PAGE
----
A snapshot of Clementi’s office, which is lined with movie posters and other artwork from her studies. Credit: Lexi Hill
Federica Clementi posing in her office. Credit: Lexi Hill
Clementi talking about her book. Credit: Lexi Hill.
A map of the Jewish Ghetto, the area where Clementi grew up in Rome, Italy. Graphic: Lexi Hill.
Federica Clementi adjusted her scarf and laughed. “Do you really have to take pictures of me?” the USC Jewish Studies professor asked. “I’ve always been absolutely terrible in photos.”
She has studied photographs, and the people in them her entire life, in an effort to unravel the stories of those who suffered and survived the Holocaust, and the generations who have come after.
Reminders of Clementi’s Jewish identity are visible in her office, which is a reflection of the woman who has spent a lifetime devoted to understanding mass genocides and how people can evolve and become more understanding.
Her office walls are home to Russian movie posters and antique furniture fill the room. Her book, Holocaust Mothers and Daughters: Family, History and Trauma, sits front and center on her desk.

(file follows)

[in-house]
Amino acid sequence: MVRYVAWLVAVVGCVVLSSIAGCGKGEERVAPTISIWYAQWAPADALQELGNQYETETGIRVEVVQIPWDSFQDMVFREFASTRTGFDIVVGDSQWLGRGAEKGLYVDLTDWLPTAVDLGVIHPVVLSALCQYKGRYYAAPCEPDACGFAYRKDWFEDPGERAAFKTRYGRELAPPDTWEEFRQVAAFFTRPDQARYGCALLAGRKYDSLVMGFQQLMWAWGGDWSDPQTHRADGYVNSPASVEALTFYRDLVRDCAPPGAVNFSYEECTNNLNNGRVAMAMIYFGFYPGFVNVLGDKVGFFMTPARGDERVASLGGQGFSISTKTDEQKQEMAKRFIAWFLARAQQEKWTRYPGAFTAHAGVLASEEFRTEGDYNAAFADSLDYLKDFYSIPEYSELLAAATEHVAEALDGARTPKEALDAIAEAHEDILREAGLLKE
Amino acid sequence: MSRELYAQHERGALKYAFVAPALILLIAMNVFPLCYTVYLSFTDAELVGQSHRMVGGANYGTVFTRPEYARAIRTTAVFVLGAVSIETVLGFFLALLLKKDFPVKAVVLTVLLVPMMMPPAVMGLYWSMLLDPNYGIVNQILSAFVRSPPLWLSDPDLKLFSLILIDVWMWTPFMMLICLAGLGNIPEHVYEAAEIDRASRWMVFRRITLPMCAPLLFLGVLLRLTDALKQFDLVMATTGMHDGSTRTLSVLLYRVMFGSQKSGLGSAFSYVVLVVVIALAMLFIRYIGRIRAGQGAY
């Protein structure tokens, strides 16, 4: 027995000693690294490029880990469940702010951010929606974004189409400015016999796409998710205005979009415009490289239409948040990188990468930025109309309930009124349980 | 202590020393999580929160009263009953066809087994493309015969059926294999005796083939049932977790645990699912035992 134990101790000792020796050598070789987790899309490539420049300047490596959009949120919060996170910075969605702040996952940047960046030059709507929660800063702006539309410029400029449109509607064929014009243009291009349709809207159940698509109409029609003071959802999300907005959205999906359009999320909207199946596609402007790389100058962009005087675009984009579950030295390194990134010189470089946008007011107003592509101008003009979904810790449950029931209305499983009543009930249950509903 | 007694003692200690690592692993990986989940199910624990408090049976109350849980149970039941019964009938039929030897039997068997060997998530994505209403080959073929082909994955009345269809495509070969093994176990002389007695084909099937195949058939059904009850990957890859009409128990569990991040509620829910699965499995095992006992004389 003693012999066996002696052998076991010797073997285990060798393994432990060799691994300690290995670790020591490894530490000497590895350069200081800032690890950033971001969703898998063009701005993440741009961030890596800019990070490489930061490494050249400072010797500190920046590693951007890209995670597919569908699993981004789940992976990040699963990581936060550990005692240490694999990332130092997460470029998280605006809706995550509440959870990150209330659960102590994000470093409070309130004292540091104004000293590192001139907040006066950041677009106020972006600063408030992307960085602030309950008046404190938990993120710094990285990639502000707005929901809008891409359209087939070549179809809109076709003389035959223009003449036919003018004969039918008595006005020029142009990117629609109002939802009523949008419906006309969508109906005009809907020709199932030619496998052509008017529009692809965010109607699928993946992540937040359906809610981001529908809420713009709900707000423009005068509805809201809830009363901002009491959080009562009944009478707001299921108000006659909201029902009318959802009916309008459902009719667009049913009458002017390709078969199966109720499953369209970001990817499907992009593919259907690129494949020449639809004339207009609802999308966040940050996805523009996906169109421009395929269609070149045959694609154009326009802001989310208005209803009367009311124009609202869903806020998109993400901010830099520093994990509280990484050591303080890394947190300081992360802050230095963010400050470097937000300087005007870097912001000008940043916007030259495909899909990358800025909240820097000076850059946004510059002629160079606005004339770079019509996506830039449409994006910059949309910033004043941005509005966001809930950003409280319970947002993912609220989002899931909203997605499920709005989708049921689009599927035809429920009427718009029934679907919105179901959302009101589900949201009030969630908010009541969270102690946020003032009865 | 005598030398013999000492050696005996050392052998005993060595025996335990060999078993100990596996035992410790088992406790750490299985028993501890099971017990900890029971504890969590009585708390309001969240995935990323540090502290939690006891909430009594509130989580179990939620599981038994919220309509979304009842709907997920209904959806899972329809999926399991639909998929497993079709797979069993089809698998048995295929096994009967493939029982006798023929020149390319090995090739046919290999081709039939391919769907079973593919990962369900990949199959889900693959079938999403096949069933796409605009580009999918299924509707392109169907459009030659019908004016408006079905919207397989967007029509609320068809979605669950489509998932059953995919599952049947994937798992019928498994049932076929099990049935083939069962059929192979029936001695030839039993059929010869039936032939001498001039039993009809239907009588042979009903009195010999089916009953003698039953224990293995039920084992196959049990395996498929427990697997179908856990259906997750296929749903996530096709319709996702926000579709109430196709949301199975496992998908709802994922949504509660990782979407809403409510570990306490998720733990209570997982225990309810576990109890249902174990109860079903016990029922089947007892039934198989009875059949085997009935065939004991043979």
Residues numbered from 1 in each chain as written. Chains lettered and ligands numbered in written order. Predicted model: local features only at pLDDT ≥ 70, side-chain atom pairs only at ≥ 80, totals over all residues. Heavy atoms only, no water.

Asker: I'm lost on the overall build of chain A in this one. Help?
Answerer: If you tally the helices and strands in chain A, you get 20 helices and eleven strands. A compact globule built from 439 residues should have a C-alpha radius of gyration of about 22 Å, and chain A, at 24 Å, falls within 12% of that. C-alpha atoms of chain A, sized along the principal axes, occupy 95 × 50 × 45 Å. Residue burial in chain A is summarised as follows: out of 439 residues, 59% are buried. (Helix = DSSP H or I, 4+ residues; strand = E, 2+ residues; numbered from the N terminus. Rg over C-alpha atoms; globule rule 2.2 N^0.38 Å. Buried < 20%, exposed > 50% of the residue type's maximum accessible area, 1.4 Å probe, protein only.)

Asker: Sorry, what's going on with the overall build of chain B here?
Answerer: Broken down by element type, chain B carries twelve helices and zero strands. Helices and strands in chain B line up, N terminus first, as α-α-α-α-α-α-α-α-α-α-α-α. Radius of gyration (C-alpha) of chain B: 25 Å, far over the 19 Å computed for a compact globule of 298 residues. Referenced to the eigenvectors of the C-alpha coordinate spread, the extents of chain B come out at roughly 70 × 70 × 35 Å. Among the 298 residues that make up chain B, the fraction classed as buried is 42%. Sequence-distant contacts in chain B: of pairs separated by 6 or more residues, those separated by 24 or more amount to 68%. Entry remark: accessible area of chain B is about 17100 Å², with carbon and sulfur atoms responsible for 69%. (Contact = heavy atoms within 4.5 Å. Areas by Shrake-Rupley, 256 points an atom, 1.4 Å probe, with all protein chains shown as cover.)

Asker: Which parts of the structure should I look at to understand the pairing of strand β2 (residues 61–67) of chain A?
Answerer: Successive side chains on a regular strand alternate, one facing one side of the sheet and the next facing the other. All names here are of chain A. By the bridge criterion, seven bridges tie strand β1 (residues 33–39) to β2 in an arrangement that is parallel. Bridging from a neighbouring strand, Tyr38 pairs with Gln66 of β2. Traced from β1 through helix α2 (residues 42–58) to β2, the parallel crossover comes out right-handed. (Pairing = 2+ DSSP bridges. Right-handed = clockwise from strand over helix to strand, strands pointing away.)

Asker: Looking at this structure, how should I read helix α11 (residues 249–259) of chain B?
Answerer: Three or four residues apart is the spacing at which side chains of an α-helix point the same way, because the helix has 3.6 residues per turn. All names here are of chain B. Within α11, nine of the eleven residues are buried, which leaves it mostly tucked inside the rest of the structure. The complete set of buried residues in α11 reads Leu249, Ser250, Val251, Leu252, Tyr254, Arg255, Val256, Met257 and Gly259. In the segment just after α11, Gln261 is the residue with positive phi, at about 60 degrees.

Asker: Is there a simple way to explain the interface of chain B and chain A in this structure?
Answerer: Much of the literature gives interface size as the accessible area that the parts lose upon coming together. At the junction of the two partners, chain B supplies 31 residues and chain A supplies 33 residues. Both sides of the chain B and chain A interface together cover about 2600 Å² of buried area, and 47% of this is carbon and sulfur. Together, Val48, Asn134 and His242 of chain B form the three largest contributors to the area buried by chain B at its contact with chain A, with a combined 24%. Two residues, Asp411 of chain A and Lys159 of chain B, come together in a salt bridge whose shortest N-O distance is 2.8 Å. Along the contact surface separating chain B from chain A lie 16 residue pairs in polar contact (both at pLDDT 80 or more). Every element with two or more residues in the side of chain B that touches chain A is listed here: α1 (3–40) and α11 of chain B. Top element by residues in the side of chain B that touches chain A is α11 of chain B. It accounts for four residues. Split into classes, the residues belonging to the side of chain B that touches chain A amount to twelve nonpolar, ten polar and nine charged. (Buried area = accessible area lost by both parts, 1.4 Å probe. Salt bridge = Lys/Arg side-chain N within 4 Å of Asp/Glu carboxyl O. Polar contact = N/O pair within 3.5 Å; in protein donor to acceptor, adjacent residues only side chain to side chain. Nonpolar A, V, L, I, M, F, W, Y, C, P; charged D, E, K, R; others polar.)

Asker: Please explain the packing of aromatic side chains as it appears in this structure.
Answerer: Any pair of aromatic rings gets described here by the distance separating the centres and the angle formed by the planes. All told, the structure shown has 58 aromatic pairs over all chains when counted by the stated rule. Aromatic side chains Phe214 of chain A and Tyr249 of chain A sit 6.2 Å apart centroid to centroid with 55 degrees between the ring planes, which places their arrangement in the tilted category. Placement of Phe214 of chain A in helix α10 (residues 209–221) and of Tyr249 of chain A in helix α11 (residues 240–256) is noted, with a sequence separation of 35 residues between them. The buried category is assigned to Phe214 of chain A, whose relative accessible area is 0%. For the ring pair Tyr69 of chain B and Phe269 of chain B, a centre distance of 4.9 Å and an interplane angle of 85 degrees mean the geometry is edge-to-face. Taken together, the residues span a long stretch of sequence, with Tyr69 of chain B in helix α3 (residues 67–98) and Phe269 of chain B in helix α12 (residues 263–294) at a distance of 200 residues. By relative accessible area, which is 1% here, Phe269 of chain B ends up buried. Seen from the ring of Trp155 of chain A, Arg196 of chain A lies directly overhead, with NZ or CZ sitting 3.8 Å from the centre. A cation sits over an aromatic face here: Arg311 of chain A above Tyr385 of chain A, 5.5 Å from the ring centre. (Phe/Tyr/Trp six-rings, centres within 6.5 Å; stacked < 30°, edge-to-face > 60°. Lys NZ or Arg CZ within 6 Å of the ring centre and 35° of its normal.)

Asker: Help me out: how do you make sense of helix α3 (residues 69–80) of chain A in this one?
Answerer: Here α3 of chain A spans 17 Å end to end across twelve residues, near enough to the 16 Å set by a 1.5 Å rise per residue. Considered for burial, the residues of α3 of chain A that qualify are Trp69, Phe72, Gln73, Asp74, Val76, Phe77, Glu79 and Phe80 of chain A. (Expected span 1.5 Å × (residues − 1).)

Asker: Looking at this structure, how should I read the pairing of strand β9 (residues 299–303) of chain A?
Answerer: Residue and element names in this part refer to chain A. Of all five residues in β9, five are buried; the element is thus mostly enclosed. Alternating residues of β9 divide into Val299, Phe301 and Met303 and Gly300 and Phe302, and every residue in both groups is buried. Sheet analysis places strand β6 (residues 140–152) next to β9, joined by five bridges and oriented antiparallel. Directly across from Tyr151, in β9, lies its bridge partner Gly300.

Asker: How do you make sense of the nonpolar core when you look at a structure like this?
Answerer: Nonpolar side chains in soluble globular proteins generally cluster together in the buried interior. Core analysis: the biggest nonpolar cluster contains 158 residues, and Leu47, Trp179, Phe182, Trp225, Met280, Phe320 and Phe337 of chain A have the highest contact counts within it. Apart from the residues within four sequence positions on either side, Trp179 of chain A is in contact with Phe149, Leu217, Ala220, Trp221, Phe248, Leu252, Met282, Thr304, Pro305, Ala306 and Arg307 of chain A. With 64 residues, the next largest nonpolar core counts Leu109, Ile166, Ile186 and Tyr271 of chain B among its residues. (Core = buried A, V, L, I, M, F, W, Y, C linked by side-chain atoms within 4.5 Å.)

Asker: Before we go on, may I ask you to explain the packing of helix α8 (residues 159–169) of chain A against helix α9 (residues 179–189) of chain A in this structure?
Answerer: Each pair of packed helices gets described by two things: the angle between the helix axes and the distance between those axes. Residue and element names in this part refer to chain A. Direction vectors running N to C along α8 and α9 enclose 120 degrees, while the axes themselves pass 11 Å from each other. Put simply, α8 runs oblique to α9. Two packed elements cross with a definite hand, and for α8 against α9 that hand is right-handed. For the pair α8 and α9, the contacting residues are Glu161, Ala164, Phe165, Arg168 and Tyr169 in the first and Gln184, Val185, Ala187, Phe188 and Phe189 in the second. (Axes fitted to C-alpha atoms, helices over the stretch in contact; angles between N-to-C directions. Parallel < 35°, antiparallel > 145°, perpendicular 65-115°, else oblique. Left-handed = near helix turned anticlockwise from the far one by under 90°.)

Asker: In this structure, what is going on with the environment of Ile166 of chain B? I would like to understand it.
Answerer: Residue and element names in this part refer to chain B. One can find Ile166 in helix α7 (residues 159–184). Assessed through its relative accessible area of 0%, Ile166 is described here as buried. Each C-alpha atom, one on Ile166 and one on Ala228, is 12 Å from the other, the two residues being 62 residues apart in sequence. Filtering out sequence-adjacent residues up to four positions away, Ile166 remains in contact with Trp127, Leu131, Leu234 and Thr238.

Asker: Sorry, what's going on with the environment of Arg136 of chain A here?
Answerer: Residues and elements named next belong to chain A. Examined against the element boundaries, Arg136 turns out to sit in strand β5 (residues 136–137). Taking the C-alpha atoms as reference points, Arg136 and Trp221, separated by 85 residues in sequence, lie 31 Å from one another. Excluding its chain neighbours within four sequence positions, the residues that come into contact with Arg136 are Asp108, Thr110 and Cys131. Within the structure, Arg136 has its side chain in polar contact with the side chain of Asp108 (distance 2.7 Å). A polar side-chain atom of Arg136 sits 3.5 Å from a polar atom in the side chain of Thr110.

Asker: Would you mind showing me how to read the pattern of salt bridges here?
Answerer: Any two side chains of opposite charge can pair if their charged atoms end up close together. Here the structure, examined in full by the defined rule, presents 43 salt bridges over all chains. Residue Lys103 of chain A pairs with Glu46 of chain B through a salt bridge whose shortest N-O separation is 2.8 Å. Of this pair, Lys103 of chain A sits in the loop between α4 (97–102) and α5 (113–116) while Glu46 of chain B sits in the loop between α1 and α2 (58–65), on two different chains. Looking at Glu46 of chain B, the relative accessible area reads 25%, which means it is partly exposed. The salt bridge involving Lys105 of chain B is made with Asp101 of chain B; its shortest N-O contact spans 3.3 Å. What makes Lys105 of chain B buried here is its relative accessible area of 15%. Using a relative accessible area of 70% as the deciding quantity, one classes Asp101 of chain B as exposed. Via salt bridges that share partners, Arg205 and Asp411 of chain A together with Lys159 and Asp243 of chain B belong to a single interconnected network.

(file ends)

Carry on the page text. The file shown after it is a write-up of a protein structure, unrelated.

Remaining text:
“I never spend any time here,” said Clementi, whose work consumes her. Clementi’s interest in Holocaust survivors began in her early childhood and has continued throughout her academic career.
In fact, Clementi has committed her life towards studying the Holocaust from the perspective of its victims. Subsequently, she’s become an expert on the long-term psychological effects of genocide survivors.
“The children of Holocaust survivors tend to carry a lot of the PTSD symptoms of their parents, particularly in Israel,” said Clementi.
The Holocaust, the mass extermination of European Jews by the German Nazi regime, occurred throughout Europe from the early 1930s to 1945. The discrimination towards the “other” occurred for years before the Holocaust though, and still exists today.